I know it's not you but the whole idea really tweaks my sense of "too corny and impractical to endure".
     
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  5. Knightshade

    Knightshade Active Member

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    Those 2- plus being quicker for a relatively low cost- are why I'm buying the AWD. The step up to the P is 11k for basically nothing extra but 1 more second 0-60, and having owned cars that ran into the 3.x range as well as 4.x (and slower ones too) about 99.9% of real life driving much below 5 is plenty good enough.

    (now if you live your life a quarter mile at a time YMMV on that)
     
  6. jsimon7777

    jsimon7777 Member

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    PAwd for fun acceleration. Rwd for normal. Awd for snow.
     
  7. blecchus_rex

    blecchus_rex Member

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    YQMMV
     
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  8. bradl

    bradl Member

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    It makes me think of times that I had to add a bullet point to a slide or web page or something to fill out some space or balance a column or something. "Hmm, what are some words I can put here that seem at least vaguely related to the list and isn't literally false?"
     
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  9. commasign

    commasign Tesla Superfan

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    Tesla's have 4 wheels. If one fails, you can keep driving on the other 3. Am I right?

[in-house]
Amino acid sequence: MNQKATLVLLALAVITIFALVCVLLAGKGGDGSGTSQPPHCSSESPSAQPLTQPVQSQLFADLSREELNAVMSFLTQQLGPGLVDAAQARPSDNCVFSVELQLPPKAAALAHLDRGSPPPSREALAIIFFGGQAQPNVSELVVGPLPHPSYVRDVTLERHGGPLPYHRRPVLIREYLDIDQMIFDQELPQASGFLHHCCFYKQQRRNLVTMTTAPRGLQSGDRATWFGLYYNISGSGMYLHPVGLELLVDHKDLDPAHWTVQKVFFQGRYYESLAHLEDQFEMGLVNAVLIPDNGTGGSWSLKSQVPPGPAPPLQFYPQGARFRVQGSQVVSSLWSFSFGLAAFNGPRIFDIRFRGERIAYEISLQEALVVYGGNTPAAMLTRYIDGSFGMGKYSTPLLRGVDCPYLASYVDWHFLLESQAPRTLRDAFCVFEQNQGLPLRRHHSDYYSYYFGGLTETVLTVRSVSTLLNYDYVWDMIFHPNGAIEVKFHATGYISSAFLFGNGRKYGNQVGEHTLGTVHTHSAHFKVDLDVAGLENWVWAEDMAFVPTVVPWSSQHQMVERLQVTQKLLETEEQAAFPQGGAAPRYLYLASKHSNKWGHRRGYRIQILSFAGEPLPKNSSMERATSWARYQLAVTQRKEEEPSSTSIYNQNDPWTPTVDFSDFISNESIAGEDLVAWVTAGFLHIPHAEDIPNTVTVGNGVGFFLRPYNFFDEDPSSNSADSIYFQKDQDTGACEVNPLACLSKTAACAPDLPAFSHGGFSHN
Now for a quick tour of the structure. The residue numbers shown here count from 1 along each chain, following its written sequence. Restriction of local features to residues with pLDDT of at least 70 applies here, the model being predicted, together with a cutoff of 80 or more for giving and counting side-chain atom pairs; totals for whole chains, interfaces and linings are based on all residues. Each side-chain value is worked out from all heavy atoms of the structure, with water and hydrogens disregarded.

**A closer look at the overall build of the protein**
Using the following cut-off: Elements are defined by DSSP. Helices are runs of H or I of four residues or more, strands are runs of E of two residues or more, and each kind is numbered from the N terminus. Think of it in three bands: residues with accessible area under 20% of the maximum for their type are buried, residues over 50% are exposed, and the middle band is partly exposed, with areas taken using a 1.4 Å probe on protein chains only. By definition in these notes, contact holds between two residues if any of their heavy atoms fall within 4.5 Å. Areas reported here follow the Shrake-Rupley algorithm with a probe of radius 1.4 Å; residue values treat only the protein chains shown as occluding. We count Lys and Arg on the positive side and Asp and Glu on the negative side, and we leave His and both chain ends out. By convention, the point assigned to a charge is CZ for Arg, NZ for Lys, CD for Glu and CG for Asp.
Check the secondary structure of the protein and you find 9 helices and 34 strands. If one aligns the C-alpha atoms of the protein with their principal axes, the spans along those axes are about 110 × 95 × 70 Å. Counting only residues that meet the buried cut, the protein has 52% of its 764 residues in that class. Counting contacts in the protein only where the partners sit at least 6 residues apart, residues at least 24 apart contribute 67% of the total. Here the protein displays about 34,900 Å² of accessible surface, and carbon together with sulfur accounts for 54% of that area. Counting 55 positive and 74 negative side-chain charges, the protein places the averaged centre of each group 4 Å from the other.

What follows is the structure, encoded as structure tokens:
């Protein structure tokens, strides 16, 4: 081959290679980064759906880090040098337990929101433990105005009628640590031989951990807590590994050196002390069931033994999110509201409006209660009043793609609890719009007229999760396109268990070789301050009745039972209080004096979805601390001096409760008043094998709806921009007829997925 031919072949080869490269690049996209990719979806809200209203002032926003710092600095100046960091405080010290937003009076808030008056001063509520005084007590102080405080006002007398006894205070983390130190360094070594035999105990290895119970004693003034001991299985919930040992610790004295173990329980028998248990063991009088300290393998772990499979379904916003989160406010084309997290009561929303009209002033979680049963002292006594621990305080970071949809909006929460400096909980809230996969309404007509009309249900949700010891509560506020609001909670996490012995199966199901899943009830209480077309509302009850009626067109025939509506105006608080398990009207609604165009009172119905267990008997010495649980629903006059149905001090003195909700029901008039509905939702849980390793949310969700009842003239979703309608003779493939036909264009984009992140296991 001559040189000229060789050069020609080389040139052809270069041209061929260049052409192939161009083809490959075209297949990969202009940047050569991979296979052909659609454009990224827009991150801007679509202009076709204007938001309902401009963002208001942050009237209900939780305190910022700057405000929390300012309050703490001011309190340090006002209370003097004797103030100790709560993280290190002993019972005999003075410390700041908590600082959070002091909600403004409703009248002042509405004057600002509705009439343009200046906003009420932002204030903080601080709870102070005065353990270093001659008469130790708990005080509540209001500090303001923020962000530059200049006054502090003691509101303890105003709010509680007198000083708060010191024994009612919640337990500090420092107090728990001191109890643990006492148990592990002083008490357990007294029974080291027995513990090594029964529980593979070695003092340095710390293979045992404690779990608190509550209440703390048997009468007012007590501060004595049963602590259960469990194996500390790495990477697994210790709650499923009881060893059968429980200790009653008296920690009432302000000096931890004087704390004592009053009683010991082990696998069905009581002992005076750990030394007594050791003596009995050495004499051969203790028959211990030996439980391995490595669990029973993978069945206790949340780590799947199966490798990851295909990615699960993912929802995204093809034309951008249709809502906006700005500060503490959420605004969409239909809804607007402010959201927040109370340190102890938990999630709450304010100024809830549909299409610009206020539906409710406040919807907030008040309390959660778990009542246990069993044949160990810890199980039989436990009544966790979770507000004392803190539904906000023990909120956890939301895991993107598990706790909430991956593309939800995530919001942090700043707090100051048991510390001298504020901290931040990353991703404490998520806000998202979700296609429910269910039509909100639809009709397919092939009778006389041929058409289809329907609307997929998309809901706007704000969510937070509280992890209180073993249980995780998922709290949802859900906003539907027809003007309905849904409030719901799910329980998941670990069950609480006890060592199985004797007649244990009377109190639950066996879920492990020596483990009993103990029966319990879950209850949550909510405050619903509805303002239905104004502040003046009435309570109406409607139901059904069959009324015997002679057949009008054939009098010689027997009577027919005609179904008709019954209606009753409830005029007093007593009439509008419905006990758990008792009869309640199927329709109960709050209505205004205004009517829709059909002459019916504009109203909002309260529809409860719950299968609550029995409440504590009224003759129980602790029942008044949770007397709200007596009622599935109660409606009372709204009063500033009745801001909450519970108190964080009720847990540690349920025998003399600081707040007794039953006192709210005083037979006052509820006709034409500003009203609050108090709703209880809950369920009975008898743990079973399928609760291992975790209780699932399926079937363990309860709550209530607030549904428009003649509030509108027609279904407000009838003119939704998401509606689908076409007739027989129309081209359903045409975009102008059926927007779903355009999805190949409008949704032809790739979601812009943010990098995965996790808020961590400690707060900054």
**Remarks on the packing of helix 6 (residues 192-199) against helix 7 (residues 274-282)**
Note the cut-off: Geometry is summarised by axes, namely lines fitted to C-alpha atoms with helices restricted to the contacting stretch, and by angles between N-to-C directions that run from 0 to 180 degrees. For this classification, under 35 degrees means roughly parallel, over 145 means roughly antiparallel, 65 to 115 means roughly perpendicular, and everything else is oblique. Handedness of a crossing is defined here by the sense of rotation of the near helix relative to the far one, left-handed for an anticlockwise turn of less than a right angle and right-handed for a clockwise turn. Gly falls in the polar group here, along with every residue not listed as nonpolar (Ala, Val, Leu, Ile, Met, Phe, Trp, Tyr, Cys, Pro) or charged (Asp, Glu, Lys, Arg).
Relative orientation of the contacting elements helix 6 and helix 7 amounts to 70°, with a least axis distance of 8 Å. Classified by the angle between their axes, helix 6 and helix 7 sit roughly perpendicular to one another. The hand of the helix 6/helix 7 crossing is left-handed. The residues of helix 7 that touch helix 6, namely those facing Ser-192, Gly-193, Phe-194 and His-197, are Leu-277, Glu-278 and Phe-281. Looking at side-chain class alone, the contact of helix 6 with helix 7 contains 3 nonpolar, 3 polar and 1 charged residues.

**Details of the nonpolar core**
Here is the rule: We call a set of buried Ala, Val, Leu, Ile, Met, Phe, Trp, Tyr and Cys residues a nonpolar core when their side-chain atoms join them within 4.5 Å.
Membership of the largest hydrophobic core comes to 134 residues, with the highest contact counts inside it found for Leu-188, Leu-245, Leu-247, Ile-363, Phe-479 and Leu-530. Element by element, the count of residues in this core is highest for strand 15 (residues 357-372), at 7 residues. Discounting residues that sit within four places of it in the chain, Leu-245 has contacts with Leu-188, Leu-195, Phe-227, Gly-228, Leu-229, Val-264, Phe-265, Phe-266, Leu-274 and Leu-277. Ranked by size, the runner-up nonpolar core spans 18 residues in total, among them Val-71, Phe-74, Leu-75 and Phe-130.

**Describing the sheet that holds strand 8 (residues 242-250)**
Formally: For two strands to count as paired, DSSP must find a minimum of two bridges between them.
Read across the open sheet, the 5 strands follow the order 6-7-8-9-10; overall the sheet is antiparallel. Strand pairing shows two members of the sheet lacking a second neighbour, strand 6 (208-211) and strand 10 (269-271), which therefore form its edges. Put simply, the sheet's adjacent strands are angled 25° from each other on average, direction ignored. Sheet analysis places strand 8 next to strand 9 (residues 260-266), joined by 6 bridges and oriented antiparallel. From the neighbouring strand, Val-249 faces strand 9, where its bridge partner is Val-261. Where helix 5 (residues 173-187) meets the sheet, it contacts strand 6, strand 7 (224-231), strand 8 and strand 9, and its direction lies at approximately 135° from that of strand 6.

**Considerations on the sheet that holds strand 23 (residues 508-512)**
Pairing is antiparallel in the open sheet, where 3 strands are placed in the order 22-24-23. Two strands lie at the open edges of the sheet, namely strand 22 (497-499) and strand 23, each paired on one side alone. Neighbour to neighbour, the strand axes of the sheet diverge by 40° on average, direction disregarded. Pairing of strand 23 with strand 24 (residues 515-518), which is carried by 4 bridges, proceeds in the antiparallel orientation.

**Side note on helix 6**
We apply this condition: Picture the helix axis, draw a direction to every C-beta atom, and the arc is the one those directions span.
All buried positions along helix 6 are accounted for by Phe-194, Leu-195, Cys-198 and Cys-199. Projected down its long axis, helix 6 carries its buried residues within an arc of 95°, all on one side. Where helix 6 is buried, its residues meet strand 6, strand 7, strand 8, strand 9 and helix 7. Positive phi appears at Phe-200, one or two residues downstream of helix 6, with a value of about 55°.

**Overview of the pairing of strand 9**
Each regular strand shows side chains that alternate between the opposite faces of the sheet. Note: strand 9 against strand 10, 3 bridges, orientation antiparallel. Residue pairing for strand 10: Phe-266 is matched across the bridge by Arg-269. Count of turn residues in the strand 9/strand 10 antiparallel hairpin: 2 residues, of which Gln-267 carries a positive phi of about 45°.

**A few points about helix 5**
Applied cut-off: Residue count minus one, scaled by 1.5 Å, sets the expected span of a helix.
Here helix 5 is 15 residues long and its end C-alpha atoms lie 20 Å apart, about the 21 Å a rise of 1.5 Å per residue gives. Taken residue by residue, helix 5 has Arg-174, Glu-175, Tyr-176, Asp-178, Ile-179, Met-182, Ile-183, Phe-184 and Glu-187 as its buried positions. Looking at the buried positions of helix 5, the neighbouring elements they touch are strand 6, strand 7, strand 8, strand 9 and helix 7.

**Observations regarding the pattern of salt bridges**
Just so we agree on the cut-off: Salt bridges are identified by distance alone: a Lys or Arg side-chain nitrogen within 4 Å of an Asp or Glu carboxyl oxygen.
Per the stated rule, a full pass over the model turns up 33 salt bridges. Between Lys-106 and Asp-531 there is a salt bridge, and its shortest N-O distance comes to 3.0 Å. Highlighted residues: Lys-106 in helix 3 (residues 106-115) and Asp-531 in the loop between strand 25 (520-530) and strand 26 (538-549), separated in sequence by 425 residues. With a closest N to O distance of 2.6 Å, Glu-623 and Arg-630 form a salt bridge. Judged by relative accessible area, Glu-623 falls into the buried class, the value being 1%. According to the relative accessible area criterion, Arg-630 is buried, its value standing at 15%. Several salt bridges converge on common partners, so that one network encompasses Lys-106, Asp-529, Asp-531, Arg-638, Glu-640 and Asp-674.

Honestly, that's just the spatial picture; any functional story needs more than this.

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  10. ℬête Noire

    ℬête Noire Active Member

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    **Re-distribution of cargo and passenger seating positions (and maybe picking up a bolder from the side of the road for counter balance weight) to keep the failed wheel quadrant leveraged off the ground may apply.
     
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  11. Saghost

    Saghost Well-Known Member

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    Some Citroens can do this, without redistributing, by messing with their hydro-pneumatic suspension.

    For what it's worth, I'm pretty sure that Elon or Jerry started the whole failed motor discussion back when the dual motor S first arrived - and unless the gears or rotor fail mechanically, it is perfectly valid (though motor or even inverter failures aren't a common problem with EVs.)
     
  12. CUBldr97

    CUBldr97 Member